**[0021]**In accordance with yet another aspect of the present invention, there is provided a method of simulating an acoustic tone produced through an acoustic piano for producing a tone signal representative of artificial tones close to the acoustic tones and observed, the acoustic piano includes at least one key moved between a rest position and an end position, at least one action unit linked with the aforesaid at least one key, at least one hammer driven for rotation by the aforesaid at least one action unit, at least one vibratory wire, at least one damper linked with the aforesaid at least one key so as to be spaced from and brought into contact with the aforesaid at least one vibratory wire depending upon a position of the aforesaid at least one key, a damper pedal linked with the aforesaid at least one damper so as to make the aforesaid at least one damper spaced from and brought into contact with the aforesaid at least one vibratory wire independent of the position of the aforesaid at least one key and a vibratory instrument body provided with supporting portions through which the aforesaid at least one wire is supported, and the method comprises the steps of a) acquiring a first piece of data expressing a stroke of a key corresponding to the aforesaid at least one key and a second piece of data expressing a stroke of a pedal corresponding to the damper pedal, b) determining a third piece of data expressing resistance against the aforesaid at least one wire by the aforesaid at least one damper by varying a value of viscous coefficient of the aforesaid at least one damper on the basis of the first and second pieces of data in a time dependent manner and c) determining the tone signal in consideration of the third piece of data.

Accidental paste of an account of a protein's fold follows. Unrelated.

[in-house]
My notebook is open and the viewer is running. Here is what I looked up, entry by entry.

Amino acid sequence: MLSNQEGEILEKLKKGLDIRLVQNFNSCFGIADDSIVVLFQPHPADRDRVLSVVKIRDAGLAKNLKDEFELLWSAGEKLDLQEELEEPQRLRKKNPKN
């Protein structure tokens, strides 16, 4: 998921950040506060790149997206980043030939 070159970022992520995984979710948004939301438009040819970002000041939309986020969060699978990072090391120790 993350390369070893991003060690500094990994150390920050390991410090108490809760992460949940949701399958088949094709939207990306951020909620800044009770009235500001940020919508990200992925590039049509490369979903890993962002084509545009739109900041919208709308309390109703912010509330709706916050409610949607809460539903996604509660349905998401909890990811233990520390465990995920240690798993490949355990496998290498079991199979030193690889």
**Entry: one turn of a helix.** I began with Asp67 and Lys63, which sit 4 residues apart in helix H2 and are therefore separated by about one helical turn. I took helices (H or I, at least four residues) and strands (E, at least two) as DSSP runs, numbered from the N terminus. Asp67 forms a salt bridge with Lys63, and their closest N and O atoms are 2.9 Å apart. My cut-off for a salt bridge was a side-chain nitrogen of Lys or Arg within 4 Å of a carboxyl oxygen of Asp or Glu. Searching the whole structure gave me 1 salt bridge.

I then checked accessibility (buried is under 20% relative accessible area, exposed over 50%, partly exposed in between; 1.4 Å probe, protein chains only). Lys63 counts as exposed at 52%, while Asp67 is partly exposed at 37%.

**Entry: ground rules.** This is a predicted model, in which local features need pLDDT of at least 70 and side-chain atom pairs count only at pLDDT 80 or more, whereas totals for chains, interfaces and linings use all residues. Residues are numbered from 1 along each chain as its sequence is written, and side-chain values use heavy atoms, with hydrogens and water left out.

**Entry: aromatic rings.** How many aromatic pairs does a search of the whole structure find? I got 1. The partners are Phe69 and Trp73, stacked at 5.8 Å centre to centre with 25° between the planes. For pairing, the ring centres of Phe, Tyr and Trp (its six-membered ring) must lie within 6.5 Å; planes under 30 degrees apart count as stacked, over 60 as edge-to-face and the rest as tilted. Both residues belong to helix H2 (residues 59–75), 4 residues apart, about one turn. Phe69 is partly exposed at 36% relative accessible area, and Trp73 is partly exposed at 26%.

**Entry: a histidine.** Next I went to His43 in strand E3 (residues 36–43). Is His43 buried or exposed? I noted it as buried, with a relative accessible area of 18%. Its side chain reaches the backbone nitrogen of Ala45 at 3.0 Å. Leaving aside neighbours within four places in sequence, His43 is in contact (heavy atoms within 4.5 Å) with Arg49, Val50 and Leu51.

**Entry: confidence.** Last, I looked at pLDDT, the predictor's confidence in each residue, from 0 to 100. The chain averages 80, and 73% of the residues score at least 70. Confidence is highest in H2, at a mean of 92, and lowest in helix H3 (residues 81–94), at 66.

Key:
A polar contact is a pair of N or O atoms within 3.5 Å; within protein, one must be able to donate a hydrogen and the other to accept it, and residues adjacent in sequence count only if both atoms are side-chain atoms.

**[0022]**In accordance with still another aspect of the present invention, there is provided a tone signal synthesizing system for producing a tone signal representative of an artificial tone close to an acoustic tone produced through a piano including at least one key moved between a rest position and an end position, at least one action unit linked with the aforesaid at least one key, at least one hammer driven for rotation by the aforesaid at least one action unit, at least one vibratory wire, at least one damper linked with the aforesaid at least one key so as to be spaced from and brought into contact with the aforesaid at least one vibratory wire depending upon a position of the aforesaid at least one key, a damper pedal linked with the aforesaid at least one damper so as to make the aforesaid at least one damper spaced from and brought into contact with the aforesaid at least one vibratory wire independent of the position of the aforesaid at least one key and a vibratory instrument body provided with supporting portions through which the aforesaid at least one wire is supported, and the tone signal synthesizing system comprises a damper model calculating module including a first sub-module acquiring a first piece of data expressing a stroke of a key corresponding to the aforesaid at least one key and a second piece of data expressing a stroke of a pedal corresponding to the damper pedal and a second sub-module determining a third piece of data expressing resistance against vibrations of the aforesaid at least one wire by the aforesaid at least one damper by varying a value of viscous coefficient of the aforesaid at least one damper on the basis of the first and second pieces of data in a time dependent manner and a tone signal producing module determining the tone signal in consideration of the third piece of data.